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    GOODNIGHT, TEXAS
    and Charles Goodnight

    Texas Ghost Town
    "Hometown of Hud"
    Armstrong County, Texas Panhandle
    Highway 287
    14 miles SE of Claude
    40 miles SE of Amarillo
    NW of Clarendon

    Population: 25 Est.

    Goodnight, Texas Area Hotels > Amarillo Hotels

    Goodnight Texas vintage photo
    Courtesy Lance Ingham Sloan, (decendent of the Vaughan's of Goodnight) and (GGGG-nephew of Charles Goodnight)
    Goodnight 1900s Vintage Photos

    Goodnight, Texas Topics of Interest

  • History in a Pecan Shell
  • Goodnight Today
  • Goodnight Cemetery & Historical Markers
  • Goodnight 1900s Vintage Photos next page
  • Goodnight Vintage Photos - "The Peden Home, Garden & Family" next page
  • How legends are made: Charles Goodnight by Delbert Trew next page
  • History in a Pecan Shell

    Named for famed cattleman Charles Goodnight, who settled here, the first building in town was reportedly Goodnight's ranchhouse, built in 1887.

    The Fort Worth and Denver City Railway soon came through and established a depot. The post office opened in 1888 and the former JA Ranch blacksmith opened a shop that same year.

    Charles and Mary Ann Goodnight, with the help of the Goodnight Baptist Church opened Goodnight College (1898 until 1917).

    Charles Goodnight died in 1929, but up until his death he was, for all intents and purposes, the town of Goodnight. His house and his buffalo herd remain.
    Goodnight College 1899 class photo , Texas
    The graduating class of Goodnight College 1900
    Photo courtesy Lance Ingham Sloan
    Herd of Buffallo, Good Night Ranch, Goodnight Texas
    Herd of Buffallo, Good Night Ranch, Goodnight Texas
    Postcard courtesy www.rootsweb.com/ %7Etxpstcrd/
    Goodnight had a population of 300 for the 1940 census. As Claude's star rose, Goodnight's declined. In 1963 the Paul Newman movie Hud was filmed in Goodnight and the post office closed six years later.

    Besides the Goodnight Ranch facilities, only two churches and the cemetery remain today.

    The population in 1990 was the same as the 1969 estimate - 25 persons.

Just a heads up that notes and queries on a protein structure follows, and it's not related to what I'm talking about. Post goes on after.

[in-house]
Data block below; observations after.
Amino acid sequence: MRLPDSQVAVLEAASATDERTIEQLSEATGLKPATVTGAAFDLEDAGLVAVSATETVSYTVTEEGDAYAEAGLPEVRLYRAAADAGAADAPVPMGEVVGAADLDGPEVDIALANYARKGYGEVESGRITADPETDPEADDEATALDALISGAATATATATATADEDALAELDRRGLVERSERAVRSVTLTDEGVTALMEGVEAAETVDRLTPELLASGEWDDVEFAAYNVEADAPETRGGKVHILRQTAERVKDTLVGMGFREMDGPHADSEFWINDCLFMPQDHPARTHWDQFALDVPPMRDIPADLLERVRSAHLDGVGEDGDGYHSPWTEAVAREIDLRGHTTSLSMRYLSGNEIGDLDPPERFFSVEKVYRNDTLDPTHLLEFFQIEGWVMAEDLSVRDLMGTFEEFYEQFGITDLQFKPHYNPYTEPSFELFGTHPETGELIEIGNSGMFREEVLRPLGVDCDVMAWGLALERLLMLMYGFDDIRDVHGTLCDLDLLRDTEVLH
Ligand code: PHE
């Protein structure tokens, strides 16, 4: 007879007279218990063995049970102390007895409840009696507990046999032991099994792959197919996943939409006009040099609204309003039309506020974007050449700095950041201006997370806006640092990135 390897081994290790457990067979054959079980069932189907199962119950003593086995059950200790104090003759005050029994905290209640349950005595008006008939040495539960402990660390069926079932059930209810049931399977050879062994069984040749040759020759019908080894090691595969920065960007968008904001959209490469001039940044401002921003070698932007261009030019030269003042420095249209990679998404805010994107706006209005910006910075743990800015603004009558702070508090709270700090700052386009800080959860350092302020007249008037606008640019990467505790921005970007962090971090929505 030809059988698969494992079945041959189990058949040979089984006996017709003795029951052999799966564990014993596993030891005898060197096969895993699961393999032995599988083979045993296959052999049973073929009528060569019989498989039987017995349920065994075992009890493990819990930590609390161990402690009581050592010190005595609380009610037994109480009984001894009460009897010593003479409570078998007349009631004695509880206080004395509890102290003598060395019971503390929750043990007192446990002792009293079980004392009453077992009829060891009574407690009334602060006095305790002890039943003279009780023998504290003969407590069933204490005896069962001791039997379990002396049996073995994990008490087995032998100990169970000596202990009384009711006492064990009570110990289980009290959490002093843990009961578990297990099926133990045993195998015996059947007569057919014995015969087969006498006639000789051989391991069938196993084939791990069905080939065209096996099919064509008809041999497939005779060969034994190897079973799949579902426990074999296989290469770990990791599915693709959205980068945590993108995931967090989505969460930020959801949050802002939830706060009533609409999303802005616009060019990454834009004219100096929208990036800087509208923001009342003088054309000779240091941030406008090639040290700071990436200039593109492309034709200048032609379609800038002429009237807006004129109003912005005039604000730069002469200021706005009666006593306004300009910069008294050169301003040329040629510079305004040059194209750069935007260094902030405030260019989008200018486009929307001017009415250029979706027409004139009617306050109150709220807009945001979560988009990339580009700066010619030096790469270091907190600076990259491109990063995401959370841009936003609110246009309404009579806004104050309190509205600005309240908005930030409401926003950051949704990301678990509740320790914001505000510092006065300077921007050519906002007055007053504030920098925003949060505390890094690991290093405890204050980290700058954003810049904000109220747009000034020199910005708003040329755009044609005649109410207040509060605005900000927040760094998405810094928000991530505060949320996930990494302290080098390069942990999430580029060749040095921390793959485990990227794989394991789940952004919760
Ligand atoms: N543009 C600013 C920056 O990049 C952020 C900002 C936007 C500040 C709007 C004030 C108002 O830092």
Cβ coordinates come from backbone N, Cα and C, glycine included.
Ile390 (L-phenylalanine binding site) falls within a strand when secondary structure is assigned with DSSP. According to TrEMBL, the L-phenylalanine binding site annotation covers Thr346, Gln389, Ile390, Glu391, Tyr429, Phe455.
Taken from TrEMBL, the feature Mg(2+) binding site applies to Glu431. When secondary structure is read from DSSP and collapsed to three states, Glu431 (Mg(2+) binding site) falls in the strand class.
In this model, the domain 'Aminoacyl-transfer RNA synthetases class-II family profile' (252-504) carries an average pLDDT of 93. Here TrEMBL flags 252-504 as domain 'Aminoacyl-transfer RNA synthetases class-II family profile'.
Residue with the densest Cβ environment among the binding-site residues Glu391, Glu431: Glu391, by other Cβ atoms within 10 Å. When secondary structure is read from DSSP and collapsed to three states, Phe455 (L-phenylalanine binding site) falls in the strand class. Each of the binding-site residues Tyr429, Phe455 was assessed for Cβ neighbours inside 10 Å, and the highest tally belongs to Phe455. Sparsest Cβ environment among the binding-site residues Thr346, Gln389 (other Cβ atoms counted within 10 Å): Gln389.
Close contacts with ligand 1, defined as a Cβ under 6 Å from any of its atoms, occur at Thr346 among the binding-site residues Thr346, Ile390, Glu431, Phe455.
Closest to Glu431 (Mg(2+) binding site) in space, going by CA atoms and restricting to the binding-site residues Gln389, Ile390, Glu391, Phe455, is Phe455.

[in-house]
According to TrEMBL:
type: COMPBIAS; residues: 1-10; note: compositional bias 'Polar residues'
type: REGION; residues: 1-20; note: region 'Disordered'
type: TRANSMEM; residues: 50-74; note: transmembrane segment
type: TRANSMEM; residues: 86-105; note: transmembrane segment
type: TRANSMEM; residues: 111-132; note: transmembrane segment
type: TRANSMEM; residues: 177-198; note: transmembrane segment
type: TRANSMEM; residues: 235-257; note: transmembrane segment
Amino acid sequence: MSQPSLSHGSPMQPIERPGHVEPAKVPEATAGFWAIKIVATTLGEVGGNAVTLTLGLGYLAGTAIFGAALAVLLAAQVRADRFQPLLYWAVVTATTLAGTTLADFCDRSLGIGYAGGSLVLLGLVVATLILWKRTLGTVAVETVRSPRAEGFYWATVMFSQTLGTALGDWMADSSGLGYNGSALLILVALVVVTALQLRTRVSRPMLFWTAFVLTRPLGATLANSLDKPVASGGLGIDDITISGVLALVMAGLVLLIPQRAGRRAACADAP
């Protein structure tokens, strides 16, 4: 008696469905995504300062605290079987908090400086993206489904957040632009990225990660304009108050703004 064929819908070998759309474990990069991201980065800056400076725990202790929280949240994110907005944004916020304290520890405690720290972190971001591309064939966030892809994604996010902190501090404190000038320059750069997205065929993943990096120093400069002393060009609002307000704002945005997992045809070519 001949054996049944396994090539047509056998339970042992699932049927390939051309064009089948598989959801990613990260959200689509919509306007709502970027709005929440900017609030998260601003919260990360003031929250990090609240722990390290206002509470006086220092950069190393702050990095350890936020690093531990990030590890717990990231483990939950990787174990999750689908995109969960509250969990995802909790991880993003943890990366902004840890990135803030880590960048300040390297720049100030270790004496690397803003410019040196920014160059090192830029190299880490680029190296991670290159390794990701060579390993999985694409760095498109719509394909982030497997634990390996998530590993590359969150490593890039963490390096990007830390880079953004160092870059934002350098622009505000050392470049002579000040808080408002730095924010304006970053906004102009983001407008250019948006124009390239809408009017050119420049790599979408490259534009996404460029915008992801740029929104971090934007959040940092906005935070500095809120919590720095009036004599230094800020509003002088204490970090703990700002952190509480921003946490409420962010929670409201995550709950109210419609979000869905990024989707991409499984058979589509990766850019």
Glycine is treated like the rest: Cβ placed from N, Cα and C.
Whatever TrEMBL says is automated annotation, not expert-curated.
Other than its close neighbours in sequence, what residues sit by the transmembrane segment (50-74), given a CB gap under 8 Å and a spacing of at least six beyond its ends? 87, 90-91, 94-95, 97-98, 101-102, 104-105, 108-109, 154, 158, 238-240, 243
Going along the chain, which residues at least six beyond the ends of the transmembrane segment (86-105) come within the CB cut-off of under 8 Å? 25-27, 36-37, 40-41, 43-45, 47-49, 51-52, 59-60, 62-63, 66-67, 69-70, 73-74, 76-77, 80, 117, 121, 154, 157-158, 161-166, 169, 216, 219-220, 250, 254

Goodnight TX - Abandoned Peden Home
    Photos courtesy Nancy Kelly
    Goodnight Vintage Photos -
    "The Peden Home, Garden & Family"
    Goodnight Texas residence
    Photo courtesy Lance Ingham Sloan, 2007
    Charles and Mary Ann Dyer Goodnight Marker
    Photos courtesy Marlee Goodnight Dickerson, October 2003
    Historical Marker - Hwy 287, E of Goodnight
    Charles Goodnight
    Illinois-born, came to Texas in 1845. At 19, on way to gold field, saw ranching possibilities, and started herd in Palo Pinto area. In the Civil War scouted for the frontier regiment in northwest Texas, New Mexico and Indian Territory. With Oliver Loving, pioneered Goodnight-Loving Trail across deserts and Indian lands, 1866. Established in 1876 the first Texas Panhandle ranch, in Palo Duro Canyon, longtime winter shelter of Plains Indians. Later with Irish partner, expanded into the great JA Ranch. Founded old Goodnight College.
    (1964)
    PEOPLE
  • How Legends are Made: Charles Goodnight by Delbert Trew
  • Mary Ann Goodnight and the Texas State Bison Herd by Linda Kirkpatrick
  • Gentlemen's Agreement by Mike Cox
    Dutch Henry and Charles Goodnight
  • Goodnight 1900s Vintage Photos
  • Goodnight Vintage Photos - "The Peden Home, Garden & Family"
  • Goodnight Texas by Ken Rudine
  • Goodnight Cemetery, TExas
    Goodnight Cemetery
    Photo courtesy Marlee Goodnight Dickerson, October 2003
    More Texas Cemeteries
    Goodnight Texas sign
    Goodnight sign
    Photo courtesy Ken Rudine, 2006
    Armstrong County Texas 1940s map
    1940s Armstrong County map showing Goodnight
    (Above "O" in "A-R-M-S-T-R-O-N-G")
    Courtesy Texas General Land Office
    Goodnight, Texas Forum
  • Subject: Goodnight, Texas
    Was glad to see your information about Goodnight, TX. My grandparents lived up the road from the cemetery for around 31 years Ė late 1940 or so to about 1971 - David Clarence Peden and my grandmother Annie. The house is gone now but we spent almost every Christmas and summer there. Down the White Deer highway lived the Sutton Family - and I cannot for the life of me remember Mr. Suttonís name. He and his wife and one of their grandchildren are buried in the Goodnight cemetery. William Rufus Tyler and Verdie Tyler who lived across that highway to the west were frequent visitors to my grandparents house and likewise. I remember my brother and cousins going to the Tylerís to watch the filming of HUD Ė or at least see if they could get a glimpse of the cast. Mr. and Mrs. Newberry ran the general store and post office just off of Hwy 287 over the train tracks. One of our favorite activities after dinner was to all walk down to the cemetery entrance and back Ė that was our entertainment! At the time there were two abandoned houses across the road at different intervals and as kids we would make up all sorts of ghost stories about those houses. Those were the good times! - Nancy Kelly, Denton, Texas, August 31, 2010